The Little Mermaid is a story of transformation.
About the Look
Ariel is my favorite Disney princess. But The Little Mermaid (1989) wasn’t my first exposure to the story. I already loved the Japanese film Hans Christian Andersen’s The Little Mermaid (1975) and the 1984 film Splash starring Daryl Hannah and Tom Hanks. I watched both so often I could recite the entire story from memory. I played mermaid every time I went swimming, and even added salt to my bath the way Madison does in Splash. I cultivated a connection to the open ocean and researched any and all fairy tales and legends about part human sea creatures. To this day I consider myself descended of them.
The Little Mermaid is recognized as a queer allegory. Queer subtext has been a part of the conversation about mermaids in LGBTQIA+ spaces from Hans Christian Anderson’s love letters to a man through Howard Ashman’s contribution to the Disney film to the most recent animated film about sea creature transformation, Luca. As those spaces have become more recognized in the mainstream, so have the conversations. These stories are about feeling disconnected from societal expectations, wanting to be an authentic self but also wanting to fit in and be accepted, and the consequences of choosing one or the other, such as the loss of one’s voice or their family and community.
I’m pansexual but it hasn’t negatively affected my life. I married a man and had two children so I fulfilled my traditional obligation to society. I’ve lived my whole life in a very liberal academic bubble. In the 90s I went to Junior Prom with a girl and no one cared. Adding pronouns to my email signature is the norm where I work. I haven’t experienced the discrimination that Hans Christian Anderson or Howard Ashman or many thousands of LGBT youth do every day (link content warning: suicide).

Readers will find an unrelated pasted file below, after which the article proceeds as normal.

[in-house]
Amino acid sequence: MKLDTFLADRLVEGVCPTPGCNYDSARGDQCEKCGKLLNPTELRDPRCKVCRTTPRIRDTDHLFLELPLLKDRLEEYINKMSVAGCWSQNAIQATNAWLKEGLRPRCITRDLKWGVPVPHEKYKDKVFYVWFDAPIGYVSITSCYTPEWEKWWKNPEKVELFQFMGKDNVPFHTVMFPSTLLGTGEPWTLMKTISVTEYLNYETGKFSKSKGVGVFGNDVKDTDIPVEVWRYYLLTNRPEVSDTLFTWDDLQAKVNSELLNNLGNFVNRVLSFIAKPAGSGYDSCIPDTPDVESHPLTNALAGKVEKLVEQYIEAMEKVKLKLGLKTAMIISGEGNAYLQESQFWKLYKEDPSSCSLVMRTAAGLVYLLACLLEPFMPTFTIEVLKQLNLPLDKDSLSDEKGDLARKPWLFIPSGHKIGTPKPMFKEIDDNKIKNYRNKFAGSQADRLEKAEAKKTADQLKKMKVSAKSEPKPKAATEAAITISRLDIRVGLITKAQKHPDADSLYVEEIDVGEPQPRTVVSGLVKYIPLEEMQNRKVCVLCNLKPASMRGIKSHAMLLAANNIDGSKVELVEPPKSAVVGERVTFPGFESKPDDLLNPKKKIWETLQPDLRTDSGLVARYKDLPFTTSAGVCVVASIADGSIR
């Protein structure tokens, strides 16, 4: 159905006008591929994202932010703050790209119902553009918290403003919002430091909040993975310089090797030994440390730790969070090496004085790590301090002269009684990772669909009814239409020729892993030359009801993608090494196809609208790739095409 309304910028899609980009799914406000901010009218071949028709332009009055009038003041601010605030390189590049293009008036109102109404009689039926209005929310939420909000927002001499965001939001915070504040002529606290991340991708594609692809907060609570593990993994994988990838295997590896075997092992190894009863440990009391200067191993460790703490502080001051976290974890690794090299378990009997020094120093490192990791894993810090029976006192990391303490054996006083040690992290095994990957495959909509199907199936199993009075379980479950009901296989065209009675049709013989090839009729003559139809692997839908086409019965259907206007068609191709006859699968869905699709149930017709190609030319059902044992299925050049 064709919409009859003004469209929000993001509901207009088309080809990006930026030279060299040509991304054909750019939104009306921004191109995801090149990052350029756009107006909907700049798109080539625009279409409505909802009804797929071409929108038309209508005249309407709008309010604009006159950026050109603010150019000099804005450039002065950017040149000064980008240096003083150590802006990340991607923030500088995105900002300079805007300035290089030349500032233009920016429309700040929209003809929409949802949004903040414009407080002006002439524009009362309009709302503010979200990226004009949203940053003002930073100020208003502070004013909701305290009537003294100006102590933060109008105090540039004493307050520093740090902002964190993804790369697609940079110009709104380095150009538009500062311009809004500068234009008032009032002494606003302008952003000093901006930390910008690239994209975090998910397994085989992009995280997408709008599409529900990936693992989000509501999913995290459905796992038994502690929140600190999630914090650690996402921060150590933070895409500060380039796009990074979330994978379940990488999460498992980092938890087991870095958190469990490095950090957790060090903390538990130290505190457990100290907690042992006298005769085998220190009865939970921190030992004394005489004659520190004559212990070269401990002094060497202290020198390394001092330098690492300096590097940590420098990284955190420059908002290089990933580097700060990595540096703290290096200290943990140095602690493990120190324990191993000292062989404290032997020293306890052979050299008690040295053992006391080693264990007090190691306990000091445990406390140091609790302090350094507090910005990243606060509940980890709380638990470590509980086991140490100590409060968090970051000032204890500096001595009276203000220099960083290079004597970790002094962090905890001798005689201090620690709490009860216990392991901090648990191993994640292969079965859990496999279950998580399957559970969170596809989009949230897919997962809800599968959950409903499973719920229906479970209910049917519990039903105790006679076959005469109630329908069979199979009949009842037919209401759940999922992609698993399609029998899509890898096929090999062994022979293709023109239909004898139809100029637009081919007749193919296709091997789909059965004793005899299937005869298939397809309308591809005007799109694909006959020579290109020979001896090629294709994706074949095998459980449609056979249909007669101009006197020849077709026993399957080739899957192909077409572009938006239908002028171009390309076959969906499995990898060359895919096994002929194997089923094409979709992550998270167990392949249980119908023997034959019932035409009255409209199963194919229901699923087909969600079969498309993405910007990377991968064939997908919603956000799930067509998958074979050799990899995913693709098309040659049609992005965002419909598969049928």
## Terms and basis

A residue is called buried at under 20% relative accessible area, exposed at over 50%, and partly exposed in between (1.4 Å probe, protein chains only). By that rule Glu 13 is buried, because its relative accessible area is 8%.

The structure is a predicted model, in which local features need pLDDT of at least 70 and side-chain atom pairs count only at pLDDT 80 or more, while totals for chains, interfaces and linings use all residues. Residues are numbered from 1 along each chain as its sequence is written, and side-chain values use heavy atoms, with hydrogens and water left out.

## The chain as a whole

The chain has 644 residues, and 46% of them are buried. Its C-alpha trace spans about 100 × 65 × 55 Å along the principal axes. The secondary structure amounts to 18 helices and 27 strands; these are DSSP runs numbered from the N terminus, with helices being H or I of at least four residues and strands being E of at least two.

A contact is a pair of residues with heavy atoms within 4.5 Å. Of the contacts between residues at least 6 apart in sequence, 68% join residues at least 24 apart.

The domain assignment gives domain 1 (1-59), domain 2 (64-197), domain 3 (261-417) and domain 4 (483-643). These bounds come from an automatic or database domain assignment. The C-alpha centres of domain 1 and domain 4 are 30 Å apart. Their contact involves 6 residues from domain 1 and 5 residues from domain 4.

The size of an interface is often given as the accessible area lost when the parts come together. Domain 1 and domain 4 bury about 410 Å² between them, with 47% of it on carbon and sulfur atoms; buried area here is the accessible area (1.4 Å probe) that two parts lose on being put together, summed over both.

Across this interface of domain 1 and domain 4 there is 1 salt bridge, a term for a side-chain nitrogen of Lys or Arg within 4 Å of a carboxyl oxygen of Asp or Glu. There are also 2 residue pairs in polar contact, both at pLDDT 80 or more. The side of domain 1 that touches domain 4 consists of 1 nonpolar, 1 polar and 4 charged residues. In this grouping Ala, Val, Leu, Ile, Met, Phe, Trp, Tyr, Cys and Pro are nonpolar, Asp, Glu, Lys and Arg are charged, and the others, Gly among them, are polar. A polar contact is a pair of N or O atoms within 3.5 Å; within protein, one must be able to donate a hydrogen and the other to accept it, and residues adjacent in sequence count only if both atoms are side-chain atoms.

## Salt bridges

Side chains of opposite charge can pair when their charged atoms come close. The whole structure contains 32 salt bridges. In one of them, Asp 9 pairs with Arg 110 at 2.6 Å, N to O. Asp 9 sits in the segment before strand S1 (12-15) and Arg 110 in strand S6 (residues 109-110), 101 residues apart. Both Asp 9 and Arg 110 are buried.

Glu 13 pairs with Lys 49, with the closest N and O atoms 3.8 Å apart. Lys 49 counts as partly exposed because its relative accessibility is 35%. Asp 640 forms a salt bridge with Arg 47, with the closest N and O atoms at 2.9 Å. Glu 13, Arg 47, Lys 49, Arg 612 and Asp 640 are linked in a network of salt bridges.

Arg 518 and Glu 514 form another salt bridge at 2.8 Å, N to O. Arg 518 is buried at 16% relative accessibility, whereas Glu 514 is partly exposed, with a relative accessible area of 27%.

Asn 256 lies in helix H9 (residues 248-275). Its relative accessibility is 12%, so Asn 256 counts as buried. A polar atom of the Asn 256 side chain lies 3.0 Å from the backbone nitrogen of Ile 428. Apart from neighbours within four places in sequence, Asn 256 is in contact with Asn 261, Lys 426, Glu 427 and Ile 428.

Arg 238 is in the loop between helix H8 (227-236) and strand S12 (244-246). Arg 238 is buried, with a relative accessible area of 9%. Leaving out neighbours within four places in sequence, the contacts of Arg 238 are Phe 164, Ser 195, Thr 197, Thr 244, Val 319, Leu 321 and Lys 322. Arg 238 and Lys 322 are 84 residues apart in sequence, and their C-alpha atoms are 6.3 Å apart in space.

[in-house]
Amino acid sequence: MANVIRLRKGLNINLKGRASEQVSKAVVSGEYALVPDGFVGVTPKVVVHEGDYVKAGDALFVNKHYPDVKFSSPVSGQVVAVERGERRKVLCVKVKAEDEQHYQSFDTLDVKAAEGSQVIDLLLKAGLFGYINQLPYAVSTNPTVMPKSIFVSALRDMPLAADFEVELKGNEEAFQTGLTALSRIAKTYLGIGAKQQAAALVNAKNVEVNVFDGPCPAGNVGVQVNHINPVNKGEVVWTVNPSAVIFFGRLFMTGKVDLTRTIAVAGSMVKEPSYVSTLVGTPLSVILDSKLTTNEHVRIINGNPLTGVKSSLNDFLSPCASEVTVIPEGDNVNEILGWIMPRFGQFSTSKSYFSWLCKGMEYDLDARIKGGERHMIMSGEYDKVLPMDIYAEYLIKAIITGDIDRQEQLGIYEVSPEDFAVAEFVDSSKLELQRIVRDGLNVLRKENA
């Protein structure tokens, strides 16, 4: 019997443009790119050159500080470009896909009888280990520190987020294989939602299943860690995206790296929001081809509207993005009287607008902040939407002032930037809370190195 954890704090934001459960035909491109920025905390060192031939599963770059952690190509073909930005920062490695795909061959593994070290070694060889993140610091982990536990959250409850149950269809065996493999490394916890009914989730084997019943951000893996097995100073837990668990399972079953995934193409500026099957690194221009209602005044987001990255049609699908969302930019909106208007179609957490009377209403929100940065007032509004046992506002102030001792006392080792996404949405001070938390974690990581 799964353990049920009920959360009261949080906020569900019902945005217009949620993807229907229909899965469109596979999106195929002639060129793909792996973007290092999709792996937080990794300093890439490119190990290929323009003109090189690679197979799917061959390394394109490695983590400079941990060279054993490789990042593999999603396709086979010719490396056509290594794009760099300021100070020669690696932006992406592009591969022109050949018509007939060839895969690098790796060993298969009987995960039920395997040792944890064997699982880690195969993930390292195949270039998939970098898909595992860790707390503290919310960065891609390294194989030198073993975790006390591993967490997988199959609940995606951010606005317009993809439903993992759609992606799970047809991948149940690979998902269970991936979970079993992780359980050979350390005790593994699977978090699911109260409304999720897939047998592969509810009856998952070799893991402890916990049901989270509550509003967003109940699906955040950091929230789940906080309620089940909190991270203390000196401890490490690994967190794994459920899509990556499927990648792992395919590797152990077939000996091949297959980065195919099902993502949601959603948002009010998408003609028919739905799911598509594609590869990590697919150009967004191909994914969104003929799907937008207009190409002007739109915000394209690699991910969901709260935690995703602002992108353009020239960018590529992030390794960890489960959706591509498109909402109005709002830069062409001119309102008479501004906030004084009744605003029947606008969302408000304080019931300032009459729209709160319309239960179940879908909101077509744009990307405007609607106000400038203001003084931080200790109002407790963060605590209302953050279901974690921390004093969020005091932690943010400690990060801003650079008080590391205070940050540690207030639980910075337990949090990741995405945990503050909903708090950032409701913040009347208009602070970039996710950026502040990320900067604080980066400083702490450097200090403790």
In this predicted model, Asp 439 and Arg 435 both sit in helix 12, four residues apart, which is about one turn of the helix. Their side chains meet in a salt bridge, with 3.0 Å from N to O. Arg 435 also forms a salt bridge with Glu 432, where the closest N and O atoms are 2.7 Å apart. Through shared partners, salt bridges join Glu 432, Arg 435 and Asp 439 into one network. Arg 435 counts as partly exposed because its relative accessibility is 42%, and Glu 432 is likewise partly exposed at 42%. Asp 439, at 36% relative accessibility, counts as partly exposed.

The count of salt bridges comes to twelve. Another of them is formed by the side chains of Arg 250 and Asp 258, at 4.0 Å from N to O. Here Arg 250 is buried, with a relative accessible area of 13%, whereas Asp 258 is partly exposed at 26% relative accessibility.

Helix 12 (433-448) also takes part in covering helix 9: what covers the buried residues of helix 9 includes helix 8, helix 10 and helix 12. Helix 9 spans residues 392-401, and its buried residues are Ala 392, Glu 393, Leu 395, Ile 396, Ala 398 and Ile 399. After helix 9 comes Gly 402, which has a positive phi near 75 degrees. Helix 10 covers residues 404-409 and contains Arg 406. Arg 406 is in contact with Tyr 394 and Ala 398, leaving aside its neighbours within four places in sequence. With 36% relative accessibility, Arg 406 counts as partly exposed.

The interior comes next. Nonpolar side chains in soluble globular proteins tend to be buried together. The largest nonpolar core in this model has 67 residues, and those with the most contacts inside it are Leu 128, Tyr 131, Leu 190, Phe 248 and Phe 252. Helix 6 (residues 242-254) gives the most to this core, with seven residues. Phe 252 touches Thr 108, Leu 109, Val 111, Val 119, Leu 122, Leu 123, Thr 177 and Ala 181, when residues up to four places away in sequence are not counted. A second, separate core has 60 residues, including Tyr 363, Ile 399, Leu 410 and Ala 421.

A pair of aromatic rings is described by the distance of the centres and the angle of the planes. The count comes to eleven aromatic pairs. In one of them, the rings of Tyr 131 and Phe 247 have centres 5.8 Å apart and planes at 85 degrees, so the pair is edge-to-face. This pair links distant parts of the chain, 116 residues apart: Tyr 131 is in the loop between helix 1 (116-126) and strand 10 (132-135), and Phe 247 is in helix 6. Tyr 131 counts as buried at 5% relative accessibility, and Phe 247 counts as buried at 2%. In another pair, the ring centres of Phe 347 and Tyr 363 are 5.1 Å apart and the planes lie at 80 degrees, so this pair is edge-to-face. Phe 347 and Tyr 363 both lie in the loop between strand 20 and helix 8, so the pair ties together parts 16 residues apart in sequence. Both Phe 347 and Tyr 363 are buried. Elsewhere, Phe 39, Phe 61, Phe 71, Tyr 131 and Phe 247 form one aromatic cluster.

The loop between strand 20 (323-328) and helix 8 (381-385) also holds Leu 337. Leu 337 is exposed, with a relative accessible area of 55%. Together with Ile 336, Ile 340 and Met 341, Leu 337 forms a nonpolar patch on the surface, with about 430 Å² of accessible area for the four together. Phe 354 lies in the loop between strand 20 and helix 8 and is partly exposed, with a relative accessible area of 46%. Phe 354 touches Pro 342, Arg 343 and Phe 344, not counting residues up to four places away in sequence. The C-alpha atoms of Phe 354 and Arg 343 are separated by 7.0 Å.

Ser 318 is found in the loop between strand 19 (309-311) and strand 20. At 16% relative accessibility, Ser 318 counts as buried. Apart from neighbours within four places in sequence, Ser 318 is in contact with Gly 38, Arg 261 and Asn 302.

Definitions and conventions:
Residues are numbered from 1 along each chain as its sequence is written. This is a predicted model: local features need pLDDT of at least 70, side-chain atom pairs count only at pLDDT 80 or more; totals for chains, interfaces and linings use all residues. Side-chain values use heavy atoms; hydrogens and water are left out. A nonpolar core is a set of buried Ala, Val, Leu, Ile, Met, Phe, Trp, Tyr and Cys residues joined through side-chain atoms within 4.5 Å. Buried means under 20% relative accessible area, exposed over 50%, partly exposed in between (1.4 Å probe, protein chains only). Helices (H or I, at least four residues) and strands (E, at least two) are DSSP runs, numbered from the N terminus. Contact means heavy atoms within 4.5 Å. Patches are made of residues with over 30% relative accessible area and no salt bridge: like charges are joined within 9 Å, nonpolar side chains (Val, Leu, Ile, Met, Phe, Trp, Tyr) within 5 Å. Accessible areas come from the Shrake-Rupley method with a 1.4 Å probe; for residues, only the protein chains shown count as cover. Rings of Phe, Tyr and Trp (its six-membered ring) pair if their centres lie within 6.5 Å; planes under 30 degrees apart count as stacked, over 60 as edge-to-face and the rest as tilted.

Still, The Little Mermaid is my favorite fairy tale and my favorite Disney animated film and my favorite Tom Hanks movie, and it is a story about my lived experience wanting and going after and living with the consequences. A story of transformation into the person I want to be. It’s powerful.
About My Look
I love this outfit. Ariel was on my list this year’s Costober possibilities, but the stars absolutely aligned to let me find the parts. I got the leggings at one of my many trips to Savers. Fun leggings are more prevalent since the pandemic but secondhand green scale leggings in my size is still an impressive find. And the top is even more amazing. I found it while browsing at Goodwill; the cashier said it had gone out on the floor just hours before. Neither of us had any idea what it’s meant to be worn with/as but it screams mermaid to me.
The skirt I wore to NYCC in 2019, a Costober Effie Trinket look. The “netting” shawl I wore for my Spider-Man look in 2018. Both were purchased secondhand. And the tail socks were a birthday present from my sister-in-law, who also loves Ariel, so I can Disneybound her next time I go to the parks. I added a pink gloss to my hair to reference Ariel.
My props are La Petit Sirène, a storybook adaptation of the Disney film in French, a dingelhopper aka fork, and a shell my younger child found on the beach one summer, painted in a rainbow, and gifted to me. It lives on one of the windowsills that surrounds my bed. The photos were taken on the Connecticut shoreline and it was an absolutely perfect day for it.